Similar to Kwale in Kenya, to Pondoland in
South Africa, to coastal Tamil Nadu in India, also in Madagascar the mining of sands containing minerals destroys the
environment and impoverishes the peoples. There are several such conflicts in
Madagascar in Toliara (Ranobe), and in Mainland Mine Analanjirofo. In Toliara
the project was initiated by the Australian company World Titanium resources
and bought back by Base Resources, to mine ilmenite, zircon and rutile. Mining
would start in 2019 displacing population, burying tombs, consuming water, causing
pollution in Ranobe, one of the most valuable protected areas in the country.
Since 2010, the Chineese company MAINLAND
MINING Ltd, is exploring ilmenite and zircon. Actually, the area explored by MAINLAND Mining Ltd is a property of
QMM (joint venture between Rio Tinto and Malagasy government).
In the extreme south-east corner of
Madagascar, QIT Madagascar Minerals (QMM), which is 80% owned by Rio Tinto and
20% owned by the Government of Madagascar, built a mineral sands mining
operation near Taolagnaro supported by the World Bank. QMM intends to extract
ilmenite and zircon from heavy mineral sands over an area of about 6,000
hectares along the coast over the next 40-50 years. Ilmenite is a raw material
for titanium. This is one of the most ecologically diverse regions of
Madagascar, but also one of the poorest and most isolated. Eighty-two per cent
of Anosy inhabitants live below the poverty line (US1$/day) and the regional
population is expected to double by 2020. The Rio Tinto QMM project got the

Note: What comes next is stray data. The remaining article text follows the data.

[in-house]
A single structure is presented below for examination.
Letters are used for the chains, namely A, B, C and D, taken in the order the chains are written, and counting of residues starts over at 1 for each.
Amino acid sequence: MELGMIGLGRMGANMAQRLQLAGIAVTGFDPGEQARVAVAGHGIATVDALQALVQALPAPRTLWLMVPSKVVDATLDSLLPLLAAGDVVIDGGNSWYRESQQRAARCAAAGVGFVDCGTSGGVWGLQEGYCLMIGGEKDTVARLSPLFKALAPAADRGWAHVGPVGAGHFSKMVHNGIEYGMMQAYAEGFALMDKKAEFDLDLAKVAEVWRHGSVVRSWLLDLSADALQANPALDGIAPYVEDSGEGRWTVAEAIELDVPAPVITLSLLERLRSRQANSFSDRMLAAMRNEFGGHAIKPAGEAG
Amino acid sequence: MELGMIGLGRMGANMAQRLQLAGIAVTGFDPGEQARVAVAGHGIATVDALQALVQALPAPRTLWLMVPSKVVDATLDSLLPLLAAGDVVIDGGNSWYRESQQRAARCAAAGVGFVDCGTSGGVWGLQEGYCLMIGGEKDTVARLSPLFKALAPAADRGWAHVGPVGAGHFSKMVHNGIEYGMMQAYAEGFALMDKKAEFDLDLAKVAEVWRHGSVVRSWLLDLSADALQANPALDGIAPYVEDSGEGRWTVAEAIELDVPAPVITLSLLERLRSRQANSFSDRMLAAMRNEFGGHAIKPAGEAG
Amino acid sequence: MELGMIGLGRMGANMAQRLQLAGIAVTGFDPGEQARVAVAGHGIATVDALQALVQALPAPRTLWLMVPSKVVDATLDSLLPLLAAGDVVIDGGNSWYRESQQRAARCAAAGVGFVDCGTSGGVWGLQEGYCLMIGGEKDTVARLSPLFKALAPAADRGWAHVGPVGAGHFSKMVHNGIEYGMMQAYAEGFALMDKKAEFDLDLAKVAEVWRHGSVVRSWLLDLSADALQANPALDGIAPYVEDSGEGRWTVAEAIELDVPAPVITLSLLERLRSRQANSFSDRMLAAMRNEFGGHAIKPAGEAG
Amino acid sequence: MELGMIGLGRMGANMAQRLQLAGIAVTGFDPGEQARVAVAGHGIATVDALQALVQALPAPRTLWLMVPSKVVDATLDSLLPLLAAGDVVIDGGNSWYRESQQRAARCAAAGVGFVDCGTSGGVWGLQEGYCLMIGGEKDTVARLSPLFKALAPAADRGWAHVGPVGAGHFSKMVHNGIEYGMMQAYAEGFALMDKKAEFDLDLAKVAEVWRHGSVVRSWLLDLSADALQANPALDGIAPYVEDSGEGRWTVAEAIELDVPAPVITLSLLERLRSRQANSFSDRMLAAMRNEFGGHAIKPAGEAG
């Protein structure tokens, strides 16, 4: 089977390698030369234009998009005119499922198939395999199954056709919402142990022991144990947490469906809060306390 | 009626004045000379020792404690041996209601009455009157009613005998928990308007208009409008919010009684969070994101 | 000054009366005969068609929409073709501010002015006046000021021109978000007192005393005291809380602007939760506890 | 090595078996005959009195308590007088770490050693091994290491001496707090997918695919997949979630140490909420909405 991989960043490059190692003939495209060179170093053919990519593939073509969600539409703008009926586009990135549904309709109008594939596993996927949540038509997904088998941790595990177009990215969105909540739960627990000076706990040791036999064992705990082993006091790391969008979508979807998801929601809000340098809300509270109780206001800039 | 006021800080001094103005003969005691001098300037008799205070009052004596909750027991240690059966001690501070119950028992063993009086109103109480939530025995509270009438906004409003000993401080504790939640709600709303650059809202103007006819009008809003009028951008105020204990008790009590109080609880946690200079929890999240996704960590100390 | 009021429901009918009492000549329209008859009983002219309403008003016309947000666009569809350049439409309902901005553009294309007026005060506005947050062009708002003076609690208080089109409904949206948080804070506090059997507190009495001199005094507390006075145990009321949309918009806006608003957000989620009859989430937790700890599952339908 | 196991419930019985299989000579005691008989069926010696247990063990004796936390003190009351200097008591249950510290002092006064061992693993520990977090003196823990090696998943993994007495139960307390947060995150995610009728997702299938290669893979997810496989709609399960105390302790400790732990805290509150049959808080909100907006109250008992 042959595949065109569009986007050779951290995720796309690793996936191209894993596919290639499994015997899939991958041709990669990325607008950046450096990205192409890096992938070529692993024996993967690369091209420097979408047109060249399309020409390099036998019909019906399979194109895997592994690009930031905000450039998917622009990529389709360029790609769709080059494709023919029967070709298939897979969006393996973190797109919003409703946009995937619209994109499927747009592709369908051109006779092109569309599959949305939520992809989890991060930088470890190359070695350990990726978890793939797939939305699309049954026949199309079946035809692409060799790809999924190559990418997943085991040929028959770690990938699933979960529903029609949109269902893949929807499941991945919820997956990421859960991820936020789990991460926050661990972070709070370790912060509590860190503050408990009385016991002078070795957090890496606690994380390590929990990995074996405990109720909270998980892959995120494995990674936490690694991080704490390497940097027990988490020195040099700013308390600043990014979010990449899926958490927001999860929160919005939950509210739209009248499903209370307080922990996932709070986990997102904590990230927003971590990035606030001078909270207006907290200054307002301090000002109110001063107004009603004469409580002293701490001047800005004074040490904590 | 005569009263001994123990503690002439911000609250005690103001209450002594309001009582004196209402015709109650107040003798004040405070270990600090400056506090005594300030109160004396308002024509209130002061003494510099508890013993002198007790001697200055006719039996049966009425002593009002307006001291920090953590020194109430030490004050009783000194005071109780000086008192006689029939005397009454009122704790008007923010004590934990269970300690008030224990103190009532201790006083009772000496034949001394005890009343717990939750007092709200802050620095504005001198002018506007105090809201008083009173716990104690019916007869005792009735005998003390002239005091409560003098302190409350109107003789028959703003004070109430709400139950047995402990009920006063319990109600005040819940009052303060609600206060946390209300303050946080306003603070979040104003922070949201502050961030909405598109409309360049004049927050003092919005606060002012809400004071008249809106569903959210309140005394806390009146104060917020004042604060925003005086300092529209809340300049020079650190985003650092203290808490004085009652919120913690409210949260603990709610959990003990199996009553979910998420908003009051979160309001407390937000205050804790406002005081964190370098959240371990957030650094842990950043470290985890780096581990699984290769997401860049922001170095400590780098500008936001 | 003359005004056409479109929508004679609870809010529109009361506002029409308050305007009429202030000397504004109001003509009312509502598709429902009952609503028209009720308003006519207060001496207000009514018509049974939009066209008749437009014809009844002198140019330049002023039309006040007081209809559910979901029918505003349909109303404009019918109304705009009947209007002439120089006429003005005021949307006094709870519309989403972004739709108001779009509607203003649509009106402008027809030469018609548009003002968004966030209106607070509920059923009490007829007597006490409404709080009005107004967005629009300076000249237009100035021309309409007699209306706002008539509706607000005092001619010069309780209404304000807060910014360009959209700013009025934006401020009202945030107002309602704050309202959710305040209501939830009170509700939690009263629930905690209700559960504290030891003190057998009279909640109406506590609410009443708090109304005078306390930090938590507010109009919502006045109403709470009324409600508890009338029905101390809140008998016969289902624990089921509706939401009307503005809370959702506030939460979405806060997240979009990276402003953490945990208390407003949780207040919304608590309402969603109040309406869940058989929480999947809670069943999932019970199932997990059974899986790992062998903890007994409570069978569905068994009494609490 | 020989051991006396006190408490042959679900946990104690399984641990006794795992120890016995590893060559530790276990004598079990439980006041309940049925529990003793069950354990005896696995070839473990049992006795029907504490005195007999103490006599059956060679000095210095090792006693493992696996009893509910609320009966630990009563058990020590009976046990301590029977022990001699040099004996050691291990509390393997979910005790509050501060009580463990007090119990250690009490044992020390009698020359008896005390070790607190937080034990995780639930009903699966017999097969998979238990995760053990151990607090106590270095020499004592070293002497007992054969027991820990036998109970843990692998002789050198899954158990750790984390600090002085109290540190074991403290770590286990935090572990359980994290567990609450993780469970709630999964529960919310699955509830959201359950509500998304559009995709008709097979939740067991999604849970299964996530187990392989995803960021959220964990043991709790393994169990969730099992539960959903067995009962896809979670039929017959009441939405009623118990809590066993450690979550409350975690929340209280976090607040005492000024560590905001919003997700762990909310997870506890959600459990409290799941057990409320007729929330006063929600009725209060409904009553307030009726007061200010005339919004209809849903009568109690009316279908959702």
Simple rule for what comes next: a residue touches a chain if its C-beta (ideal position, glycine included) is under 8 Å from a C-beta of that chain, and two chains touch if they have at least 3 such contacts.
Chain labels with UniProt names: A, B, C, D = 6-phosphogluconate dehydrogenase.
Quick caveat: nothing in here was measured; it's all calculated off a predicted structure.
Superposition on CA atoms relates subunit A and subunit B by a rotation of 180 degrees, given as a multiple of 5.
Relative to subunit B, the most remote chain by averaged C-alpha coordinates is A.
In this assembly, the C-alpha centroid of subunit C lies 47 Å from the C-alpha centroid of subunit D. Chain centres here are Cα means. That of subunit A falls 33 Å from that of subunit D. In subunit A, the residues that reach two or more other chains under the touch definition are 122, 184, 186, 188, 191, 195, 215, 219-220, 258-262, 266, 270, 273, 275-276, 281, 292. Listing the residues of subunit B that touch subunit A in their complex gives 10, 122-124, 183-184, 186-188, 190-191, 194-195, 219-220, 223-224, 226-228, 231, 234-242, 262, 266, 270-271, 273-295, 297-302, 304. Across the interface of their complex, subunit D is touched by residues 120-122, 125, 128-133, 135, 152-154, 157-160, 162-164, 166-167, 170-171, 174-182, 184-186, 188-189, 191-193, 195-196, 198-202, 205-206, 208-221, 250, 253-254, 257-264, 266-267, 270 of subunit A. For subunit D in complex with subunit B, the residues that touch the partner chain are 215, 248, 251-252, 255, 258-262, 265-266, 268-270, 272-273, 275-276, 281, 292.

'go-ahead' from Rio Tinto in August 2005 and construction started in January
2006. It displaced local people from their land and requires the removal of
rare fragments of coastal forest and heathland found only in Madagascar.
Many local people have little or no
knowledge of the dramatic changes taking place and the reasons for them.
Differences of understanding about the project have already led to conflict and
mistrust, which have been further compounded by the lack of communication. The
social, environmental and economic upheaval caused by the project affects
different stakeholders in different ways. The most important direct negative
biodiversity impact resulting from Rio Tinto/QMMs activities is the loss of
coastal forest habitat at Mandena, Petriky and Sainte Luce. Approximately 1,665
ha was expected to be lost to dredging, which entails not only clearance of
vegetation but also removal of soil and its constituent seed bank. In January
2012, local communities from Taolagnaro made demonstrations in the street,
carrying banners and asking for the resignation of the Chief of Anosy region.
In addition, many social conflicts were
identified and observed on the ground. Property prices and rents have increased
dramatically along with the cost of food, medical treatment and energy.
Inflation has severely affected the livelihoods of most Taolagnaro inhabitants
and some long-term residents were leaving town. Just 10% of the Malagasy
population hold official title to their land, with most holding customary land
rights that are afforded a lower legal status despite having been held for
generations. Changes to local property ownership as a result of the project
were extended significantly by the measures of the Integrated Growth Poles
project and revision of the land laws. This has affected local peoples
ownership of their homes, and their ability to own land in future.
On the environmental effects, by 2019 it
was reported that Rio Tinto / QMM had trespassed into a “sensitive zone,”
violating national law and raising the possibility that radionuclide-enriched
tailings could enter a lake that local people use for drinking water. Rio
Tinto, the London-based multinational that owns the mine, acknowledged the
breach for the first time in a March 23, 2019. The breach raises health and
safety concerns in one of Madagascar’s most impoverished regions. The lake,
part of a forested estuary system a few miles from the city of Taolagnaro,
commonly known as Fort Dauphin, serves as a fishing and foraging ground for
people in nearby villages (Mongabay).